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Unique Batiks HomepageIndonesian HouseThe process of making BatikBatik process Step 1

As you can see this is a hugely time consuming process and is carried out in this way on the most simplest designs. The more elaborate designs take even longer.

The more accomplished artists paint freehand onto the cloth with wax cantings as would an artist with a brush.. But with batik artists they must paint in the negative as the areas they apply wax to will not change colour when dyed!

As you look through the galleries I’m sure that you’ll notice the difference.

‘BATIK’

 

The word batik is thought to be derived from the word 'ambatik' which translated means 'a cloth with little dots'. The suffix 'tik' means little dot, drop, point or to make dots. Batik may also originate from the Javanese word 'tritik' which describes a resist process for dying where the patterns are reserved on the textiles by tying and sewing areas prior to dying, similar to tie dye techniques.

 

Design Tools

 

Although the art form of batik is very intricate, the tools that are used are still very simple. The canting, believed to be a purely Javanese invention, is a small thin wall spouted copper container (sometimes called a wax pen) that is connected to a short bamboo handle. Normally it is approximately 11 cm. in length. The copper container is filled with melted wax and the artisan then uses the canting to draw the design on the cloth.

Canting have different sizes of spouts (numbered to correspond to the size) to achieve varied design effects. The spout can vary from 1 mm in diameter for very fine detailed work to wider spouts used to fill in large design areas. Dots and parallel lines may be drawn with canting that have up to 9 spouts. Sometimes a wad of cotton is fastened over the mouth of the canting or attached to a stick that acts as a brush to fill in very large areas.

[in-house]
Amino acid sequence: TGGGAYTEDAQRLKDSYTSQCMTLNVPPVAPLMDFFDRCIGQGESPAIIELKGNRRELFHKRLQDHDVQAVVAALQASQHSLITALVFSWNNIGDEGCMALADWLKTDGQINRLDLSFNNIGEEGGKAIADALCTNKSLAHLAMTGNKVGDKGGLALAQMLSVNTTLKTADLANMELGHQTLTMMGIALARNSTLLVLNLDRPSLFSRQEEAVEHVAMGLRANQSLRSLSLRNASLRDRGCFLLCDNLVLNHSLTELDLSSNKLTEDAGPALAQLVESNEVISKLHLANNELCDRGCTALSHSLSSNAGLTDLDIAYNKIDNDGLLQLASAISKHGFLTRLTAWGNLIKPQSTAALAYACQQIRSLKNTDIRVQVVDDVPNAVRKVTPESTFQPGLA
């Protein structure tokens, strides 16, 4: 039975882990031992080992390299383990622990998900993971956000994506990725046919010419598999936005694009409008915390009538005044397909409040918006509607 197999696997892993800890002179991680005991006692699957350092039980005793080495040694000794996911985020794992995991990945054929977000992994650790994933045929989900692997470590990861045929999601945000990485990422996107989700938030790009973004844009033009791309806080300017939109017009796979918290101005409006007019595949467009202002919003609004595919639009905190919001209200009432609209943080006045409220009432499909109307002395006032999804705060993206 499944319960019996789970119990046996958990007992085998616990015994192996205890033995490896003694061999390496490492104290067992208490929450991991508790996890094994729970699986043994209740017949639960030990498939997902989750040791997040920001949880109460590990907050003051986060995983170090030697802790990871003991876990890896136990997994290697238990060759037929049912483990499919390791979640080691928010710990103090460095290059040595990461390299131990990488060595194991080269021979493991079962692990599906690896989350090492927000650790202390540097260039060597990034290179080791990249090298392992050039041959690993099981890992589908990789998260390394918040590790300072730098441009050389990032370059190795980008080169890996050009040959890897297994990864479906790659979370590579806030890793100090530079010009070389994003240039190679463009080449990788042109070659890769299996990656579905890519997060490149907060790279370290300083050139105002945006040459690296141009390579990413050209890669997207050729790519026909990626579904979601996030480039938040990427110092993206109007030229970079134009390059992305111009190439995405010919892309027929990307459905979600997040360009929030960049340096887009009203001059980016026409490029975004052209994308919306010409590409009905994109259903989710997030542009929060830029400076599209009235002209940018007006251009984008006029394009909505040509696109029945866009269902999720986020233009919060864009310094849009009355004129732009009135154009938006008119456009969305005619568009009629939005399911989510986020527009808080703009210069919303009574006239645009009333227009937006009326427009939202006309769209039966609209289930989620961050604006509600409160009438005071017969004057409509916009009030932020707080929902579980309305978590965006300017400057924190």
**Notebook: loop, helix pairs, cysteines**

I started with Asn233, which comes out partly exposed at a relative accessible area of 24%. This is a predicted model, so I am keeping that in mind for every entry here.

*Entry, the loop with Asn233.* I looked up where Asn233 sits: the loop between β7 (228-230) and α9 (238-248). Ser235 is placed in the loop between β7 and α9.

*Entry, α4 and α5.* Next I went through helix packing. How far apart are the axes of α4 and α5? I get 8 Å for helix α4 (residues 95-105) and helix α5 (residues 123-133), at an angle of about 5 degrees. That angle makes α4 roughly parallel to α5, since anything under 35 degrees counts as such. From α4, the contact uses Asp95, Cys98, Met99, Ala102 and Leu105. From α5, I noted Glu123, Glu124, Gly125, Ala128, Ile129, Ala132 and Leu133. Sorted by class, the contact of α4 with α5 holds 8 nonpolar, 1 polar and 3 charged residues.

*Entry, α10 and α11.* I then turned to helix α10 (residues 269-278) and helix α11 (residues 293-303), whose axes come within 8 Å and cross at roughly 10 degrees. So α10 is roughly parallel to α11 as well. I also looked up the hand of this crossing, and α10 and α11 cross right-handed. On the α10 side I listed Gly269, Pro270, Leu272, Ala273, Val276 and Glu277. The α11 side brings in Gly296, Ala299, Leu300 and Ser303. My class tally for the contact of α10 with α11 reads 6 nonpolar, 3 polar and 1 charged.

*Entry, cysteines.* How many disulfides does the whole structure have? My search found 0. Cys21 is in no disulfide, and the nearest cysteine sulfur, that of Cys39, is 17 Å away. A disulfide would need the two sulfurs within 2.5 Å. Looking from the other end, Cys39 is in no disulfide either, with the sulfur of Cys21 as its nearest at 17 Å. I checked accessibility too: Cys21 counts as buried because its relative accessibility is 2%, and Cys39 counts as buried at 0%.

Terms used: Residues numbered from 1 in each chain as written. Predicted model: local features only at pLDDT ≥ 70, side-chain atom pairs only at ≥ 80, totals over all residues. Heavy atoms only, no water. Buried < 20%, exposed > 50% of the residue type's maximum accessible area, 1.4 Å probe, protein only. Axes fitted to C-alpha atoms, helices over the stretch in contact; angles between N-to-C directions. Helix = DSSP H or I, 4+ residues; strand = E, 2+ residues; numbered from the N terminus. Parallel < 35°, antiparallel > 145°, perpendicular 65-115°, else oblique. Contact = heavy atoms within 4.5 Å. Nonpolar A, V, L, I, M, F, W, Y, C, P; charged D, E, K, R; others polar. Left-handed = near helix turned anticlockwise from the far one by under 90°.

Dyes

 

Traditional colors for Central Javanese batik were made from natural ingredients and consisted primarily of beige, blue, brown and black.

The oldest color that was used in traditional batik making was blue. The color was made from the leaves of the Indigo plant. The leaves were mixed with molasses sugar and lime and left to stand overnight. Sometimes sap from the Tinggi tree was added to act as a fixing agent. Lighter blue was achieved by leaving the cloth in the dye bath for short periods of time. For darker colors, the cloth would be left in the dye bath for days and may have been submerged up to 8 - 10 times a day.

In traditional batik, the second color applied was a brown color called soga. The color could range from light yellow to a dark brown. The dye came from the bark of the Soga tree. Another color that was traditionally used was a dark red color called mengkuda. This dye was created from the leaves of the Morinda Citrifolia.

The final hue depended on how long the cloth was soaked in the dye bath and how often it was dipped. Skilled artisans can create many variations of these traditional colors. Aside from blue, green would be achieved by mixing blue with yellow; purple was obtained by mixing blue and red. The soga brown color mixed with indigo would produce a dark blue-black color.